Fourteen minutes into the new film Collision, my fingers started to itch for the fast-forward button. I desperately scanned the movie's press materials: "How long can this go on?" I wondered. (Answer: 90 minutes.) The documentary, which opens this week, shows the public intellectual Christopher Hitchens and an Idaho pastor named Douglas Wilson arguing in one drab venue after another over whether Christianity is "good for the world." So uncinematic is this picture—two middle-aged white men talking—that my attention insistently wandered toward anything humanizing and finally dwelled, for too long perhaps, on a fleck of something on Hitchens's eyelash. All the while Hitchens and Wilson went on and on and on and on, always well mannered, never conceding a thing. (Click here to follow Lisa Miller. Article continued below...)
Really, what's the point of all this?
For five years, since the publication of Sam Harris's The End of Faith, the so-called faith-versus-reason debate has been a favorite pastime of certain secularists and intellectuals, the subject of innumerable books and lecture series. Three charismatic men—Harris, Richard Dawkins, and Hitchens (who is a NEWSWEEK contributor)—have not just dominated the conversation, they've crushed it. And so they've become celebrities. Together they've sold more than 3 million books worldwide, which suggests they may be in this for more than just our edification.
Their polemics were exciting at first. They gave voice—and, better, status—to the 12 percent of Americans who say they don't believe in God. As advocates for those whose lack of belief has historically made them suspect, Harris et al. have been extremely important.
But this version of the conversation has gone on too long. We have allowed three people to frame it; its terms—submitting God to rational proofs and watching God fail—are theirs. We in the media have to bear some of that responsibility. Just as we covered Jerry Falwell when he said the Teletubby Tinky Winky was gay, we cover the "new atheists" because following controversy is part of what we do. As religion editor of NEWSWEEK, I have done my share of enabling these battles, most recently in a September interview with Dawkins. But we can't shoulder all the blame. The atheists are, more than other interest groups, joyous cannibals and regurgitators of their own ideas. They thrive online, where like adolescent boys they rehash their rhetorical victories to their own delight.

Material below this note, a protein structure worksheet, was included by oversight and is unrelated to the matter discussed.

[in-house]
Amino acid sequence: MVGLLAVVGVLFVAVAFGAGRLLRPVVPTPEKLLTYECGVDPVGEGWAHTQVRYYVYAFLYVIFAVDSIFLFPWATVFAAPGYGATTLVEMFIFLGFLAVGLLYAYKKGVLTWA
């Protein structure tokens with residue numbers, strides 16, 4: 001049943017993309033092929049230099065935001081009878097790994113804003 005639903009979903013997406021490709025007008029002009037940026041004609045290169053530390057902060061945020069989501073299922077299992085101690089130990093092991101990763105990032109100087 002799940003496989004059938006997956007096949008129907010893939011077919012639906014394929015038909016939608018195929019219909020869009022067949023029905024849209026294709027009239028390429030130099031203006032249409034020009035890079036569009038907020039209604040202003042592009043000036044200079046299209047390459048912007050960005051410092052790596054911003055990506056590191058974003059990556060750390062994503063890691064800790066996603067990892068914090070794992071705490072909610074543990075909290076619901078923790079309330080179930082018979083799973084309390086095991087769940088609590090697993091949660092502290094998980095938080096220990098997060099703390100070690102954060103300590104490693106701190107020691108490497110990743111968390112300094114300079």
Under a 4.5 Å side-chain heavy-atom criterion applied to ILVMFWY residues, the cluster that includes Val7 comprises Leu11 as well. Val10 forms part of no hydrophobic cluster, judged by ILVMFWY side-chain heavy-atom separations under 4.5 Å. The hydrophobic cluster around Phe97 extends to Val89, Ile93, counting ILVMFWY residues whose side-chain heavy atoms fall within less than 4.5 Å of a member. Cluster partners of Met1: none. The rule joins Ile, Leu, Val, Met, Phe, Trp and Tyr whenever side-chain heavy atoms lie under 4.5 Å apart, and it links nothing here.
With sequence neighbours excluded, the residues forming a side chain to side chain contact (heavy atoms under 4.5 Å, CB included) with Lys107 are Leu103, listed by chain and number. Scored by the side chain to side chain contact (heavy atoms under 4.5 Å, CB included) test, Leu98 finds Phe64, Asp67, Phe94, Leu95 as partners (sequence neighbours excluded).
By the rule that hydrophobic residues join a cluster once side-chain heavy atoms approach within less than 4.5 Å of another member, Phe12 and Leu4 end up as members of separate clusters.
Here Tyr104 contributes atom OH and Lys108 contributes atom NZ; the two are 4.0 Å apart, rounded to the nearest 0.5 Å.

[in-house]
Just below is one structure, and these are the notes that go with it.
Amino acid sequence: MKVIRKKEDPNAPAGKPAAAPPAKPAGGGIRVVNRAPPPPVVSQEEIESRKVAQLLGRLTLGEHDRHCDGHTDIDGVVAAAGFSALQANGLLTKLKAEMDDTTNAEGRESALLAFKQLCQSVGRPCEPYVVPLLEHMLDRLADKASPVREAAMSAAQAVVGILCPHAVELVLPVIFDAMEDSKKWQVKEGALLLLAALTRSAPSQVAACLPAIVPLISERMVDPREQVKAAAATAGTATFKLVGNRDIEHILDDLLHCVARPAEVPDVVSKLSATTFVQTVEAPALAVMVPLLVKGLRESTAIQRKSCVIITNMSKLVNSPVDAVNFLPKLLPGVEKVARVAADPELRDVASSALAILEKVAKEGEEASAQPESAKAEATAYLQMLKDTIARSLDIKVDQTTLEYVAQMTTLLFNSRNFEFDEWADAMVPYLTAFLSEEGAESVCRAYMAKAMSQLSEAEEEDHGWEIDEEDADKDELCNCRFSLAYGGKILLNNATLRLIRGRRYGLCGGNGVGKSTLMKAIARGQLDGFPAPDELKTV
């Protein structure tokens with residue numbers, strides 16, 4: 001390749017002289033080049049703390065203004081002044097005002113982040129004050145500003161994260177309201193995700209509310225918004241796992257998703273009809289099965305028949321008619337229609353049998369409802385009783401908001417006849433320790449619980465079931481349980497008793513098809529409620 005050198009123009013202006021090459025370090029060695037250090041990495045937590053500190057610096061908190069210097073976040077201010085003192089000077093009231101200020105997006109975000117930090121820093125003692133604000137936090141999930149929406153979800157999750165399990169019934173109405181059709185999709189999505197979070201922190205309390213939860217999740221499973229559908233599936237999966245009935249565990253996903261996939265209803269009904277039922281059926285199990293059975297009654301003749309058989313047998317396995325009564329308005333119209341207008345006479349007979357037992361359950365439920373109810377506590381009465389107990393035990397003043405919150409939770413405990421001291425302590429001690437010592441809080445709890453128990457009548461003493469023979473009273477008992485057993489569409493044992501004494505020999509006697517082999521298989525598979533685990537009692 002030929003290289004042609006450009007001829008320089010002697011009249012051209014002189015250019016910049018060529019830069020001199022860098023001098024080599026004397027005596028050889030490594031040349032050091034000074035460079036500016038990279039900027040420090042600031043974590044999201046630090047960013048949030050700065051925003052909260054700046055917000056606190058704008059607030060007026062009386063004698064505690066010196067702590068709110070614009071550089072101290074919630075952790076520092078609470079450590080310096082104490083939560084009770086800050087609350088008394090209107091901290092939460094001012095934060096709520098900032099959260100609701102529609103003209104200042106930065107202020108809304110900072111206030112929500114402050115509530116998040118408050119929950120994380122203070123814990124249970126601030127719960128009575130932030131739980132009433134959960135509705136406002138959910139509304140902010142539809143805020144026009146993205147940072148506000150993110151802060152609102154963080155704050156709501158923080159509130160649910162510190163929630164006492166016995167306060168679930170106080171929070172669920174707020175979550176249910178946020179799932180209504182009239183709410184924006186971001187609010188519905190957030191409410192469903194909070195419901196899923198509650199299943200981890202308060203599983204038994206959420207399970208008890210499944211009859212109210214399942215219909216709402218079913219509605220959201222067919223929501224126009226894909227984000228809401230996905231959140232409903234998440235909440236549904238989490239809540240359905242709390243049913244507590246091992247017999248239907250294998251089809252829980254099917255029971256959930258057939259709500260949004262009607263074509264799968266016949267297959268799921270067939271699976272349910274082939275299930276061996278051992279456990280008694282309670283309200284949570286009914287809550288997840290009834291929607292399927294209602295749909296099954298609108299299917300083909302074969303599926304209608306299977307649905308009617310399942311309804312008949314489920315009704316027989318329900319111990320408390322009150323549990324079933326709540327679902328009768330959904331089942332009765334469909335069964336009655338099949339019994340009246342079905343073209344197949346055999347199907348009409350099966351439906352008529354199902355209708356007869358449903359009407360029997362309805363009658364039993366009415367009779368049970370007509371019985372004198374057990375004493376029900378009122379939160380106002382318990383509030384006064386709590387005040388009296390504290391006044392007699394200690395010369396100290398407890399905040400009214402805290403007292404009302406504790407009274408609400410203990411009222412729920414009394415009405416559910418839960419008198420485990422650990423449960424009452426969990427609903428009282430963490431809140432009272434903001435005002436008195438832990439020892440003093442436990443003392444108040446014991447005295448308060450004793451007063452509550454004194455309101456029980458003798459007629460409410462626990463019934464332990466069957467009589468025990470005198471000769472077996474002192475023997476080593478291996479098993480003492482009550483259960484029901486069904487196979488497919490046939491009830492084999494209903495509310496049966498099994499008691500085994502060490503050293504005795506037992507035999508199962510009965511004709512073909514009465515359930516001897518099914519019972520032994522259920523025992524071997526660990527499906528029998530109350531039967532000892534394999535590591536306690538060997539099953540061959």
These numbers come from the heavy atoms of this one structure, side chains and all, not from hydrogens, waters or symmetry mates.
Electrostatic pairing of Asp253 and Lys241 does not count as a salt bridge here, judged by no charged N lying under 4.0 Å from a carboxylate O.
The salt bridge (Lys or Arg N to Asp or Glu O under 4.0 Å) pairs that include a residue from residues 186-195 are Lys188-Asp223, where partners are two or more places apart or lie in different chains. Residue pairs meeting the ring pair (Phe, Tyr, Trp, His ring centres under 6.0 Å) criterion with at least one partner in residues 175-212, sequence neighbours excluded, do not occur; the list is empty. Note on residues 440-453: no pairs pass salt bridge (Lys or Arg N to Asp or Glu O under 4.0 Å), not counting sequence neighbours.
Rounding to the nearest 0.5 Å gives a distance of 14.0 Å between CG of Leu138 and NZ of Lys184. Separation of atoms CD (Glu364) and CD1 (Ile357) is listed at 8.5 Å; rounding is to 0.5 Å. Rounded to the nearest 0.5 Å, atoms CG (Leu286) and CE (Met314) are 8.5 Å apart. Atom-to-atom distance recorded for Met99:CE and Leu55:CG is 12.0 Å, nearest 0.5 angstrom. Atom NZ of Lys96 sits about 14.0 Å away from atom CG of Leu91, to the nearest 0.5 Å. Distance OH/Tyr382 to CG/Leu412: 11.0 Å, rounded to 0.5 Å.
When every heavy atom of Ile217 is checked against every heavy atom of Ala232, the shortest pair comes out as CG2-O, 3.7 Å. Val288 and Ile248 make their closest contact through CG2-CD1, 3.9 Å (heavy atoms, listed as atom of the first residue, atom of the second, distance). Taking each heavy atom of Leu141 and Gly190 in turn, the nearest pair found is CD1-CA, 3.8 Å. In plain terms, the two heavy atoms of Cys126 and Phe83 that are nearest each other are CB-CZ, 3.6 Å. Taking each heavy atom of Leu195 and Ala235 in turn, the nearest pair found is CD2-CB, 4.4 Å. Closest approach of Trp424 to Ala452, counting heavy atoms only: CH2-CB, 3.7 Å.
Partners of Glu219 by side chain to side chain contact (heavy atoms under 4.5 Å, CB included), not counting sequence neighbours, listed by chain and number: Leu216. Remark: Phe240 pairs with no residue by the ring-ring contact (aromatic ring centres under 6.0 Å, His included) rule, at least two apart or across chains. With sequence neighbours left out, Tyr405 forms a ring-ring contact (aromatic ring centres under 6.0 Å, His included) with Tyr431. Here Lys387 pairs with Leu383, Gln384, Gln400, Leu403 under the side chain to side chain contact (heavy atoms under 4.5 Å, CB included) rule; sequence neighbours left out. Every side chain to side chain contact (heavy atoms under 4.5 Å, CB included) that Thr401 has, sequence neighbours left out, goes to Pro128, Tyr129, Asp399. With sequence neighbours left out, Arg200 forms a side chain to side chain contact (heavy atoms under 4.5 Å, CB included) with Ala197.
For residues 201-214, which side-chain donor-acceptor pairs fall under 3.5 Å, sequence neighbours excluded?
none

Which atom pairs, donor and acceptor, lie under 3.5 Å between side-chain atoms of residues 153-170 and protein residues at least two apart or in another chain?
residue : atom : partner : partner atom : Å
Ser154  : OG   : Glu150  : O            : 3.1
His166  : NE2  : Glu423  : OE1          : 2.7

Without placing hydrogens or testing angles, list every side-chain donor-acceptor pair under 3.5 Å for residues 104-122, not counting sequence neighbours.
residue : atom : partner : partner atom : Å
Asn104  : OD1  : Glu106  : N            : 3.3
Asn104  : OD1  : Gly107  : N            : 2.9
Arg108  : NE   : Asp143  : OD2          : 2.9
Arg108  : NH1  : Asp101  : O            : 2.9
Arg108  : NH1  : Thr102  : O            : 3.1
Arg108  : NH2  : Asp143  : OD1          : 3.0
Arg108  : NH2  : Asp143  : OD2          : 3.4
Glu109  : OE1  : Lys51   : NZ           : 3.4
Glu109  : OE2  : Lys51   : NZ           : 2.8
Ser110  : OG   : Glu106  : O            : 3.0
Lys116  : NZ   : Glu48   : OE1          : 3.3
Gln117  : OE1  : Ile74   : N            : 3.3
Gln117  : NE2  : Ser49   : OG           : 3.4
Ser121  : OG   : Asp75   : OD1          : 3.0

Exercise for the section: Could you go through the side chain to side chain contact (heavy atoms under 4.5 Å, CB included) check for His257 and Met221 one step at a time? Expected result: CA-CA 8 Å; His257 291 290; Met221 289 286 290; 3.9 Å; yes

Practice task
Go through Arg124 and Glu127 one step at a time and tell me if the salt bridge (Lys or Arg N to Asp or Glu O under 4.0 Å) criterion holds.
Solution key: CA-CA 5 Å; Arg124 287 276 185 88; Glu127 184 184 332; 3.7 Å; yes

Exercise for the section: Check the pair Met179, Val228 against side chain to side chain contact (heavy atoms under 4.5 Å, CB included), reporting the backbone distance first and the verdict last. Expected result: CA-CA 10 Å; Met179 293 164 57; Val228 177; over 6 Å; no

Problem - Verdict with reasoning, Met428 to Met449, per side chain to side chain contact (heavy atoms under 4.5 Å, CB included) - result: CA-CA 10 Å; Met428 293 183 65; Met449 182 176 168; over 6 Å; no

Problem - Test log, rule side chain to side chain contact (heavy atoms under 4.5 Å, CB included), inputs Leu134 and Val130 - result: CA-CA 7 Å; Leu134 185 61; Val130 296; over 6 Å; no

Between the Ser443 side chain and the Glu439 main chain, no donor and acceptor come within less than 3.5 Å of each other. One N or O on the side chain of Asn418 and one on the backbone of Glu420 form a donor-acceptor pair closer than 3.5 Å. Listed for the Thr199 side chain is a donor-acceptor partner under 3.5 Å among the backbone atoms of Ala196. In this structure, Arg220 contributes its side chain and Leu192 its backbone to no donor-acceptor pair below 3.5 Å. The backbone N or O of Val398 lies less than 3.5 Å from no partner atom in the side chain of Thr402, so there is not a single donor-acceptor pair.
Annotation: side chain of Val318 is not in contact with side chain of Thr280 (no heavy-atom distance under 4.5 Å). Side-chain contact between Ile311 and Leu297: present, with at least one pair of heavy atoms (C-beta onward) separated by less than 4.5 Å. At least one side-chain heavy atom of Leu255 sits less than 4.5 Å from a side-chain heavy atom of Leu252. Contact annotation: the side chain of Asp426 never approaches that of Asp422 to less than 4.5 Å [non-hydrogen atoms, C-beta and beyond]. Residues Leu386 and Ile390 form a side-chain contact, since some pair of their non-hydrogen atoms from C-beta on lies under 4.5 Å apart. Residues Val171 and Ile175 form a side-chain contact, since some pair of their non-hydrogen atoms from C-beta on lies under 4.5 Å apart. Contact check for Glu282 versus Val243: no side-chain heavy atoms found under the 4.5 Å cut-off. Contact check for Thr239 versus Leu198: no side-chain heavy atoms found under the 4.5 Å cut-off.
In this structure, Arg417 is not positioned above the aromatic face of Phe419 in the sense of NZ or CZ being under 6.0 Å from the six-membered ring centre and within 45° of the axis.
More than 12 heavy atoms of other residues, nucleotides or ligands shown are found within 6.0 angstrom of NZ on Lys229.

The whole thing has started to feel like being trapped in a seminar room with the three smartest guys in school, each showing off to impress … whom? Let's move on.
There are other voices out there, and other, possibly more productive ways to frame a conversation about the benefits and potential dangers of religious faith. In 2003 the historian and poet Jennifer Hecht wrote Doubt: A History, an exhaustive survey of atheism. She advises readers to investigate questions of belief like a poet, rather than like a scientist. "It is easier to force yourself to be clear," she writes, "if you avoid using believer, agnostic, and atheist and just try to say what you think about what we are and what's out there." Hecht is as much of an atheist as Hitchens and Harris, she says, but she approaches questions about the usefulness of religion with an appreciation of what she calls "paradox and mystery and cosmic crunch." "The more I learn, the more complicated things get, the more sympathy I have with religion," she told me one recent morning by phone. "I don't think it's so bad if religion survives, if it's getting together once a week and singing a song in a beautiful building, to commemorate life's most important moments."
This week Harvard's humanist chaplain Greg Epstein comes out with Good Without God, a book arguing that people can have everything religion offers—community, transcendence, and, above all, morality—without the supernatural. This seems to me self-evident, yet the larger point is important. We need urgently to talk about these things: ethics, progress, education, science, democracy, tolerance, and justice—and to understand the reasons why religion can (but does not always) hamper their flourishing. This new conversation won't be sexy, but let's face it: neither is two white men in a pub sparring over God.